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My morning coffee with the I.R.S. MAN - Tips to prevent or smooth your audit with the I.R.S.

Coming up is my "anniversary" of my I.R.S. audit. Three summers ago, I was "invited" for a morning visit with the I.R.S. What a petrifying experience!  Coffee was politely offered but my adrenaline was pumping already.  Everything turned out fine...but perhaps you may gain some insight from how I survived economically unscathed and on excellent terms with the I.R.S.

Here are 3 basic tips based on my experience that you should implement immediately (if you are not doing this already).

Consuming Conversation R a stack of teacups or coffee cups constructed by Harriete Estel Berman from recycled tin cans
 Consuming Conversation © 2001-2004
A series of 200 cups.
Recycled tin cans, brass, s.silver,
Artist: Harriete Estel Berman
View the entire series on my web site.
 

1) Keep your business banking accounts COMPLETELY SEPARATE from your personal banking. I mean completely separate! For years I had my business bank accounts at a different bank than my personal bank accounts.  I often grumbled and chafed at this extra deposit and bookkeeping effort with two different banks.

I'll never complain again. It paid off BIG when the I.R.S. MAN casually asked questions to glean if my art business funds were co-mingled with my personal funds. One of the first levels of inquiry (even before the audit) is to discover any commingling of business money with personal money. Once the I.R.S. man found out that I not only had separate business and personal accounts, but further separated them at different banks ..that topic was OVER. He saw no glimmer of possibility of catching me in a wrongful accounting of my business income or expenses with personal checking and savings or credit cards.

Uncle Bens Cup from Consuming Conversation teacups or coffee cups constructed by Harriete Estel Berman from recycled tin cans
  Consuming Conversation © 2001-2004
  Recycled tin cans, brass, s.silver,
  Artist: Harriete Estel Berman
  Photo Credit: Philip Cohen
   View the entire series on my web site.

2) Keep detailed and accurate records. The I.R.S. asked for specific categories of receipts in advance. I was required to bring this portion of documentation to the I.R.S. office that morning.  In this case they wanted to look at my Advertising Expenses for the year. While it was a tremendous amount of effort to separate my Advertising Expense receipts (month by month) from all the other receipts (it took about fourteen hours), I was prepared to show each and every receipt. 

He started out asking for the Advertising Expenses for a particular month in random order. He jumped around, March, August, October, etc. Each and every time I had every receipt (already organized by month) ready to go without hesitation or excuse.

When it was obvious that I was well organized (thanks to Emiko Oye, my studio assistant) and he could find no mistakes, he ceased this line of questioning.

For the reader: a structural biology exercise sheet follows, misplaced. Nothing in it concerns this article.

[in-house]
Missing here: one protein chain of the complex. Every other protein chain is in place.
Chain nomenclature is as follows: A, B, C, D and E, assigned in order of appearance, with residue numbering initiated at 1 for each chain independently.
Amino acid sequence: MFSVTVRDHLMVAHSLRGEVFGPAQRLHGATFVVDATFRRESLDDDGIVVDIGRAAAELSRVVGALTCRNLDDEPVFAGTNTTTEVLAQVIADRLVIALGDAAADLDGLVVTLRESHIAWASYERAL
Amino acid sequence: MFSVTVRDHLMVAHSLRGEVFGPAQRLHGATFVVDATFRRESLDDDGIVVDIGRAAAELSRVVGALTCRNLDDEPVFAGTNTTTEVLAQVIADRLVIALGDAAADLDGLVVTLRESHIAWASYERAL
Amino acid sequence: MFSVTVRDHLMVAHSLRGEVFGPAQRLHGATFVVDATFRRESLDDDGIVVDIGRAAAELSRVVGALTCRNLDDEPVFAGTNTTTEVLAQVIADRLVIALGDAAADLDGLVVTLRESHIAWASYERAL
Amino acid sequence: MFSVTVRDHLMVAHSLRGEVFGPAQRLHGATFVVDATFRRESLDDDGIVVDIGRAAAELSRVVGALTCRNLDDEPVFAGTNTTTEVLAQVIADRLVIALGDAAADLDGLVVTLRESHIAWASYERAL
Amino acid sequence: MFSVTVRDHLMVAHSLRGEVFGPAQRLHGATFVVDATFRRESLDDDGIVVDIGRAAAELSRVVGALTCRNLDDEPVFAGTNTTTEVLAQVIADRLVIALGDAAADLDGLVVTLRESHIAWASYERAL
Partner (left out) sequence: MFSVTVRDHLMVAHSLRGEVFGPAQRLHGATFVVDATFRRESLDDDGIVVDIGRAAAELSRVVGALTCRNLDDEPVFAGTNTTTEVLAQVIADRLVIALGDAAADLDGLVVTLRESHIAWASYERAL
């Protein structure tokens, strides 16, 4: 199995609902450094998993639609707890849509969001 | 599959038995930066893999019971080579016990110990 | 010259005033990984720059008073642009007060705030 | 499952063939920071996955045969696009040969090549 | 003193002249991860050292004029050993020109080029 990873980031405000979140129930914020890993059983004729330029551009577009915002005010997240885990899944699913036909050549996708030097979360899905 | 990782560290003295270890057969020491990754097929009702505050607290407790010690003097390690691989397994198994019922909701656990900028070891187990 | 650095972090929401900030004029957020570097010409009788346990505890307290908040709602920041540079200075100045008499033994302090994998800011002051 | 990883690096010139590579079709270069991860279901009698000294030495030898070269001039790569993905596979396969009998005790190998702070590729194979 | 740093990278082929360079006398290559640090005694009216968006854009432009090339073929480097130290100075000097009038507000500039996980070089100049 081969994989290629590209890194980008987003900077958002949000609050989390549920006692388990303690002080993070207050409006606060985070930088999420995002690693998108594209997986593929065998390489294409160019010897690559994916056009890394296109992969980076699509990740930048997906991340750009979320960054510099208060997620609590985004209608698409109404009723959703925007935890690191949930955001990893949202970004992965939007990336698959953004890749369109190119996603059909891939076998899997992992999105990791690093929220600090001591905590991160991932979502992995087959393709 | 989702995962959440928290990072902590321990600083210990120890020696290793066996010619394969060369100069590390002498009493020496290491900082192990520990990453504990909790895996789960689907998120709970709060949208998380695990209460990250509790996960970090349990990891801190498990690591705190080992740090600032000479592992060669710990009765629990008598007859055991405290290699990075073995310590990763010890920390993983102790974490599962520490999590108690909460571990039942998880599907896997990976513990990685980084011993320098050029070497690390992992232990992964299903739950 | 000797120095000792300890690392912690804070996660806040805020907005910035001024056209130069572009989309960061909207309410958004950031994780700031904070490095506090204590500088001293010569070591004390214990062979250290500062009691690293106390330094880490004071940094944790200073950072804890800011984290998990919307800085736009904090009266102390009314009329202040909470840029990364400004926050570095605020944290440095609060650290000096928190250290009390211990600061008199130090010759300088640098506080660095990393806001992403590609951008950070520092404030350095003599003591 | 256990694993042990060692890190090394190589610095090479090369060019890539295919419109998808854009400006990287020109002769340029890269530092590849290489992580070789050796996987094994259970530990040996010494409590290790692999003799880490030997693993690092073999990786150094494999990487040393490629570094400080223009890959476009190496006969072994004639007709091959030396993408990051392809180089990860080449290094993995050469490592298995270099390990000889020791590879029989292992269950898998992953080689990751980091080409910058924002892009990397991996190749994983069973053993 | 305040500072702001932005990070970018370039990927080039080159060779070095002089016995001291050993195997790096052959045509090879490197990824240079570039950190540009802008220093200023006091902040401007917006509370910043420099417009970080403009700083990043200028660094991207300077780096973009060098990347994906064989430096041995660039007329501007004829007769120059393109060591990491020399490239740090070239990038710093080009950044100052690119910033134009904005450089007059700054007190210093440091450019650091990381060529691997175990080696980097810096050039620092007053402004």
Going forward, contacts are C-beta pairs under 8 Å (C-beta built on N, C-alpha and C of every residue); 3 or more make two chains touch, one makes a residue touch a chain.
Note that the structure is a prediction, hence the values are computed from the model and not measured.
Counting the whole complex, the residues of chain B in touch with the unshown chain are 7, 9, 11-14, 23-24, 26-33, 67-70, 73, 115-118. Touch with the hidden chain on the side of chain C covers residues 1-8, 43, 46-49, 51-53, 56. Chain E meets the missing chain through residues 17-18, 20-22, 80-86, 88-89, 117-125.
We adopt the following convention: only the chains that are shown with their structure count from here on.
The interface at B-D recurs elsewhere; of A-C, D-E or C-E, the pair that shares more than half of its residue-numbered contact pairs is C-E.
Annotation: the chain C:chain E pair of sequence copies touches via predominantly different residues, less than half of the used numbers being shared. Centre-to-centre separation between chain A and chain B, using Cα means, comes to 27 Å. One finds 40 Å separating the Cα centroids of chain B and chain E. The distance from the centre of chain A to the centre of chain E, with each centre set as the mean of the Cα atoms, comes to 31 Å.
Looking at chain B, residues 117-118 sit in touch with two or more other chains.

Consuming Conversation 3 teacups or coffee cups constructed by Harriete Estel Berman from recycled tin cans
  Consuming Conversation © 2001-2004
  Recycled tin cans, brass, s.silver,
  Artist: Harriete Estel Berman
  View the entire series and video.
 

3) The primary test is whether you act like a business. I was surprised to come to the realization that the I.R.S. is not interested in whether I was a professional success or a financial success. They did not care about my exhibitions or gallery representations.  They did not care about my education, publications or professional visibility. They only wanted to determine whether I performed like a business.

The I.R.S. measures business standards with definitions that have nothing to do with art or craft. While my advertising expenses must have been a red flag since they were so high for a small business (professional photography is a significant expense). The I.R.S. only wanted to see that I kept complete and accurate records like a business.

Illy COFFEEPOT. titled Coffee the Golden Ratio by Harriete Estel Berman is constructed from reycled tin cans, an art coffee pot
   Coffee Φ: The Golden Ratio © 2004
  Recycled tin cans, brass, s.silver,
  Artist: Harriete Estel Berman
  Photo Credit: Philip Cohen

My advice:
-Keep your business checking account separate.
-Never co-mingle personal and business money.
-Get a separate credit card for your business.
-Keep detailed and accurate records of every business expense.
-Act like a business. 

Do all of this before you have coffee with the I.R.S.

Harriete

Here are the 9 criteria from the I.R.S. used to figure out if you are a business (copied directly from the I.R.S. web  site.

The following factors, although not all inclusive, may help you to determine whether your activity is an activity engaged in for profit or a hobby:

  • Does the time and effort put into the activity indicate an intention to make a profit?
  • Do you depend on income from the activity?
  • If there are losses, are they due to circumstances beyond your control or did they occur in the start-up phase of the business?
  • Have you changed methods of operation to improve profitability?
  • Do you have the knowledge needed to carry on the activity as a successful business?
  • Have you made a profit in similar activities in the past?
  • Does the activity make a profit in some years?
  • Do you expect to make a profit in the future from the appreciation of assets used in the activity?

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